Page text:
MCCC announced at 9:20 p.m. Wednesday that the college will open at noon tomorrow, Feb. 3.
MCCC was closed Wednesday due to a snowstorm that left many stuck at home as a result of snowy and icy road conditions and deep snow drifts.
Tuesday afternoon, the AlertNow system informed students that MCCC closed all classes at 5 p.m., and students were informed later that night that the college would be closed Wednesday.
The college was one of the last to close. At 3 p.m. Tuesday, several colleges around the area already had announced they were closing, including: Eastern Michigan University, Sienna Heights University, Wayne State University, Henry Ford Community College, and Schoolcraft College. See the current list of closings here: http://www.clickondetroit.com/closings/index.html.
The City of Monroe declared a snow emergency beginning at 4 p.m. Tuesday.
Just about everyone on campus was expecting the college to close.
“I sure hope so,” Victoria McIntyre, executive assistant to MCCC’s President, said. “I’m turning my pajamas inside out.”
The primary method of announcing a school closure is the AlertNow System, which sends text messages, e-mails, and calls to everyone who is registered for the system.
The AlertNow message went to MCCC system users at 4:30 p.m. Tuesday.
The college also displays on its Web site when there is a closure or delay. And there is a number available to call for the campus status, 734-384-4223.
The AlertNow System has already been used once this semester. The college used the system to announce a two-hour delay on Jan. 12.
After the delay, the number of people registered for the AlertNow System increased, according to Randy Daniels, Vice President of Student and Information Services. There are now 4,264 people registered for the system.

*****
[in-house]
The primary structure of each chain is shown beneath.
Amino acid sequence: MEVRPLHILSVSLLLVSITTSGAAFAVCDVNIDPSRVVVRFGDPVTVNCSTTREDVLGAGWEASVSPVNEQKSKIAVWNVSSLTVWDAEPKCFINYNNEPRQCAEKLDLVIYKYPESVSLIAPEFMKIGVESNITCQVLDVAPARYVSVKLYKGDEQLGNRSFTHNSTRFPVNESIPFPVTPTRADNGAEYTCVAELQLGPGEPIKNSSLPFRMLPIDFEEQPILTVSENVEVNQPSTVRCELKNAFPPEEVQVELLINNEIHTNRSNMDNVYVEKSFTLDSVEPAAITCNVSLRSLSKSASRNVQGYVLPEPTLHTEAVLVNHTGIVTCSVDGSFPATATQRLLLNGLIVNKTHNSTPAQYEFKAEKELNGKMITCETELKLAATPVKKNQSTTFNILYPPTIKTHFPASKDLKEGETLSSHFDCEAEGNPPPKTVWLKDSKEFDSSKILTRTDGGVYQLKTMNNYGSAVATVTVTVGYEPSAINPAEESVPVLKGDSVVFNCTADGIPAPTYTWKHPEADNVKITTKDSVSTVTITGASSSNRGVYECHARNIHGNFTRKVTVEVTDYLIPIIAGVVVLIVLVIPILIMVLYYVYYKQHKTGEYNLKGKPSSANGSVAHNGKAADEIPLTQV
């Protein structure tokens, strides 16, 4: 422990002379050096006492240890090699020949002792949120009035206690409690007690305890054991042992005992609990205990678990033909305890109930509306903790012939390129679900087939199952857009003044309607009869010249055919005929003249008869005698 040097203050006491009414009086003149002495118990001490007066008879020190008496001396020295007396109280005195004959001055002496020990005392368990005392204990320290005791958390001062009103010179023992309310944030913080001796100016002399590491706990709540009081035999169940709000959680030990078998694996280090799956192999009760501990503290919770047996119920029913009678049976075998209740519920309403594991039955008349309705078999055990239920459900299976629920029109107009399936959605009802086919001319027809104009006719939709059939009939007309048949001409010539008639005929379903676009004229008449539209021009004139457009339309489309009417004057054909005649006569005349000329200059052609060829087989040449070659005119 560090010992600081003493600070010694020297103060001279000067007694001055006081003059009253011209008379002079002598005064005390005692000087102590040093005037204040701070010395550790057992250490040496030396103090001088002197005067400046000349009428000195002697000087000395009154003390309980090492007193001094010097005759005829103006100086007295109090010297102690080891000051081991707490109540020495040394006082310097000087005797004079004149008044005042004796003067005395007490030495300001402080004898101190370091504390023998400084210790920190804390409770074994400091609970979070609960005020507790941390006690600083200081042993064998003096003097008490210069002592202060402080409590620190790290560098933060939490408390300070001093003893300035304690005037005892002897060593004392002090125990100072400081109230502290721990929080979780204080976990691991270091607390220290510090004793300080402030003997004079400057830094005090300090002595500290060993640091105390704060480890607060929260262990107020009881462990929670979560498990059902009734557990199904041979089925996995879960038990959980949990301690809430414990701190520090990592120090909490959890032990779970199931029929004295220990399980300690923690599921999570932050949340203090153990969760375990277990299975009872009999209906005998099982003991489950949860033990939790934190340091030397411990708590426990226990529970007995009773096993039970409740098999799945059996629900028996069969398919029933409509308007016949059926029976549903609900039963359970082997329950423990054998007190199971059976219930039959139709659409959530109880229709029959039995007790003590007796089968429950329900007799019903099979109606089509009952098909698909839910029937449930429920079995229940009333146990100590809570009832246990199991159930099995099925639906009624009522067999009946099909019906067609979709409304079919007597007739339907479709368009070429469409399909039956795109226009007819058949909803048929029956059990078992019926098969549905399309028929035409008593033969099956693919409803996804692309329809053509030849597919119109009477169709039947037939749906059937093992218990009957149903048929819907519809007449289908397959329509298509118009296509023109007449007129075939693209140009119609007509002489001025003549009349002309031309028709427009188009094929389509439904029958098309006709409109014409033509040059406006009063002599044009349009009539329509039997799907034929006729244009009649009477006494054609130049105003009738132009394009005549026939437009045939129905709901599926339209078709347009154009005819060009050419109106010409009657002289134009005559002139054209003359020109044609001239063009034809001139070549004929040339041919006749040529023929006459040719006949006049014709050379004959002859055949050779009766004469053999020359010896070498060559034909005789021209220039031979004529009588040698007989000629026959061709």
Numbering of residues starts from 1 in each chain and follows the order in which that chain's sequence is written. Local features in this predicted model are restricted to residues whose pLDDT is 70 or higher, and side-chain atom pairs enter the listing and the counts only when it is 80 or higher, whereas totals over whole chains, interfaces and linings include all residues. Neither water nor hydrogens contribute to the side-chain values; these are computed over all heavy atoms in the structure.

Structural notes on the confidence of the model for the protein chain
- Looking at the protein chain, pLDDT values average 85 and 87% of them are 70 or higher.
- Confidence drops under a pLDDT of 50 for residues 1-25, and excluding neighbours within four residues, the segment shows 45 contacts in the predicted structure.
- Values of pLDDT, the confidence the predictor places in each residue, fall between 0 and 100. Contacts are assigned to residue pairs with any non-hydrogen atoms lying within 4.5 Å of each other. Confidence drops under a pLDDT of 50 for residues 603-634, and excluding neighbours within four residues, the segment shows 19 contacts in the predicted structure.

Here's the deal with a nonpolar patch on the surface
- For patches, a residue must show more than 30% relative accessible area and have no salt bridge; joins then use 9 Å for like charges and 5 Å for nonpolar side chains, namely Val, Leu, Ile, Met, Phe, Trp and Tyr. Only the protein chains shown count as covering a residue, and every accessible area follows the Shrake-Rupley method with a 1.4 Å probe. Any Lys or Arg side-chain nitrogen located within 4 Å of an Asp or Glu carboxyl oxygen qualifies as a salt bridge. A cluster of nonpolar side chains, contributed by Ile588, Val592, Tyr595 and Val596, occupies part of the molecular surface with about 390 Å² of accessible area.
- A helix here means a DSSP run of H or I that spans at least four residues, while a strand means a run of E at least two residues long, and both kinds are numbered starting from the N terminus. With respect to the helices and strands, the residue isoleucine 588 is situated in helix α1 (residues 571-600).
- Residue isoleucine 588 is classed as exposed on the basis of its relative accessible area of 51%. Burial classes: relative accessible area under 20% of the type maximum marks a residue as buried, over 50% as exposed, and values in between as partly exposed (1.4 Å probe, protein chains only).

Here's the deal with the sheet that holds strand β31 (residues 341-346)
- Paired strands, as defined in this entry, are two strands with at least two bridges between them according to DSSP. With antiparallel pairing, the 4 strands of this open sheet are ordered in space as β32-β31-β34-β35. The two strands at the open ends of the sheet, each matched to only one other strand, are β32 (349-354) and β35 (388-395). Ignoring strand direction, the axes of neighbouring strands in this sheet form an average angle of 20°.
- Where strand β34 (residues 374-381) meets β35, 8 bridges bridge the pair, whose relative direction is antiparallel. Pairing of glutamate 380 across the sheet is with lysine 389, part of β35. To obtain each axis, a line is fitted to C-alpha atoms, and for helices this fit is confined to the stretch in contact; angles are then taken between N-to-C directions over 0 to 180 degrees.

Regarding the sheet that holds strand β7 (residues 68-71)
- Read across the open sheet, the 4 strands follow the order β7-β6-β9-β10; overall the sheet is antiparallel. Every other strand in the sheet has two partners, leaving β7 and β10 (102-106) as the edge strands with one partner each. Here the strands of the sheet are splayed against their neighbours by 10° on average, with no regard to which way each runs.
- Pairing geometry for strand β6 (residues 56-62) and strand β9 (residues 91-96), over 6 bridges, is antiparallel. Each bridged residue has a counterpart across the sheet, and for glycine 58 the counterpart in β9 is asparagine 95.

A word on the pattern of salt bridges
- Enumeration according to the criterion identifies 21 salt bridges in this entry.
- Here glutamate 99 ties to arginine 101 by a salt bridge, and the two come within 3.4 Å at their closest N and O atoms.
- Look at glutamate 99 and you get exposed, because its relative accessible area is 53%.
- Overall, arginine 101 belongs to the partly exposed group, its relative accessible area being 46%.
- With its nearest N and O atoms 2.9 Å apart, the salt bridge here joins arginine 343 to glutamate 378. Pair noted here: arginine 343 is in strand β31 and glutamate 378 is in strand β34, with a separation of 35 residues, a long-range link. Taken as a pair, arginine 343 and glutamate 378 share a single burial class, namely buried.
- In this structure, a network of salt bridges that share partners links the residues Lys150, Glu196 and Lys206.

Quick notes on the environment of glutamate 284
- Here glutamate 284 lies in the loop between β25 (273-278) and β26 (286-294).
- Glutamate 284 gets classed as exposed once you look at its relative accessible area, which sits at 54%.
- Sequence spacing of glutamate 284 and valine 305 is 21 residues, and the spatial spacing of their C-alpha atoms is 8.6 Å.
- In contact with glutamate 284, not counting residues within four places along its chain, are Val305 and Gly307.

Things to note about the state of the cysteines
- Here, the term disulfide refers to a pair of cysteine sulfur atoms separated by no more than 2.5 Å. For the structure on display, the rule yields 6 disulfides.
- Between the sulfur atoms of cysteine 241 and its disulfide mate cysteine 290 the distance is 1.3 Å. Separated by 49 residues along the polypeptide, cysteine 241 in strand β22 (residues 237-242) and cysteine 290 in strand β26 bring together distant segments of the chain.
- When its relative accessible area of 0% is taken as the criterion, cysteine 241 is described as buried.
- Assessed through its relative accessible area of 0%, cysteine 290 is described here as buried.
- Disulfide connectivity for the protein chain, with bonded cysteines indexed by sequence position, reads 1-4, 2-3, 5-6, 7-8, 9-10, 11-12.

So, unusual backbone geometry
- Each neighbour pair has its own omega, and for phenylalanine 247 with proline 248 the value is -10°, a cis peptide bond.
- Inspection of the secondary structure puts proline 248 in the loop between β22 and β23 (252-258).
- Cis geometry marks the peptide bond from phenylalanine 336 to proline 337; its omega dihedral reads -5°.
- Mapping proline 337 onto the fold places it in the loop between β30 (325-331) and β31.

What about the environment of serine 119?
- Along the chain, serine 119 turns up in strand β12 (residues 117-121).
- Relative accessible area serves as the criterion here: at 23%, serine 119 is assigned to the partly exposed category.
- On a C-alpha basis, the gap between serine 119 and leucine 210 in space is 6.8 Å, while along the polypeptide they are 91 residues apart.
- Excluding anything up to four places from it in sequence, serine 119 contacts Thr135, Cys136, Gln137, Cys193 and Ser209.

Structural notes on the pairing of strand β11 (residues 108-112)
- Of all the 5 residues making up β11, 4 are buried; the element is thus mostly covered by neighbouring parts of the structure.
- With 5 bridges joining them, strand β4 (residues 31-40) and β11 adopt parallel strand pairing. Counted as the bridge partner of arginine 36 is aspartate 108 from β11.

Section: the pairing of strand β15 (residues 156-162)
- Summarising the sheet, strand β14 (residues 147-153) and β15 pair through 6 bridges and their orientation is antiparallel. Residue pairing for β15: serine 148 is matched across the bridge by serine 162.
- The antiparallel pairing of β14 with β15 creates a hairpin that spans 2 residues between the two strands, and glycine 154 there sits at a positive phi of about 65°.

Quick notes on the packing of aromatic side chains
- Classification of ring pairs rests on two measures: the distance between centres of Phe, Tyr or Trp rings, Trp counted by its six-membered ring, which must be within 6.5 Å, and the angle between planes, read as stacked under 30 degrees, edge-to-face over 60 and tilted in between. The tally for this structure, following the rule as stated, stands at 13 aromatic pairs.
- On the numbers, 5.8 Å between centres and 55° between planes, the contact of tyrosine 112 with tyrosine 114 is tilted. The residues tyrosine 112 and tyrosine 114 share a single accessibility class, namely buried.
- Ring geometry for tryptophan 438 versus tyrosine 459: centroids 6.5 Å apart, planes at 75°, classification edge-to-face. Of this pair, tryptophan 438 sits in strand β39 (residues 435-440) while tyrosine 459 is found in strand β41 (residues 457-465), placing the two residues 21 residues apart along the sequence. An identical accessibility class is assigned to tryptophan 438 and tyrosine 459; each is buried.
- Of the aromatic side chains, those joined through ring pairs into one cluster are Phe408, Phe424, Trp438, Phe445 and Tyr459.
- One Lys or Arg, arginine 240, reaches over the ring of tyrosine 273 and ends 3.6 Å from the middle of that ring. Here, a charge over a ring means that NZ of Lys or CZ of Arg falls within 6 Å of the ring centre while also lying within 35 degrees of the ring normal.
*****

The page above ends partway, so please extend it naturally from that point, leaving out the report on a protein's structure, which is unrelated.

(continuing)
“This is the most we have had sign up for the system since it has been started,” Daniels said.
The AlertNow system was first launched last year. To register for the Alert Now, simply go on the college Web site and click on the AlertNow Notification link on the right hand side of the home page. Students should allow seven days for the information to be uploaded into the system.
When the system has an alert, the caller ID displays a 411 number and, if unanswered, leaves a voicemail. On Jan. 12, some people were unable to hear the message when the phone was answered, Daniels said.
In this case, he said, students or employees should press any number key on the phone (1-9) and the message will replay.
For the Jan. 12 delay, the system sent out around 3,800 emails, 5,500 voicemails, and 3,200 text messages, Daniels said. It took the system 20 minutes to send all of the messages.
The system will make four attempts at any number and/or e-mail given. For example, if there is only one number for a person, the system will attempt calling the number four times.
If someone also has registered an e-mail address, cell phone number and house number, the system will send an e-mail, call both numbers and send a text.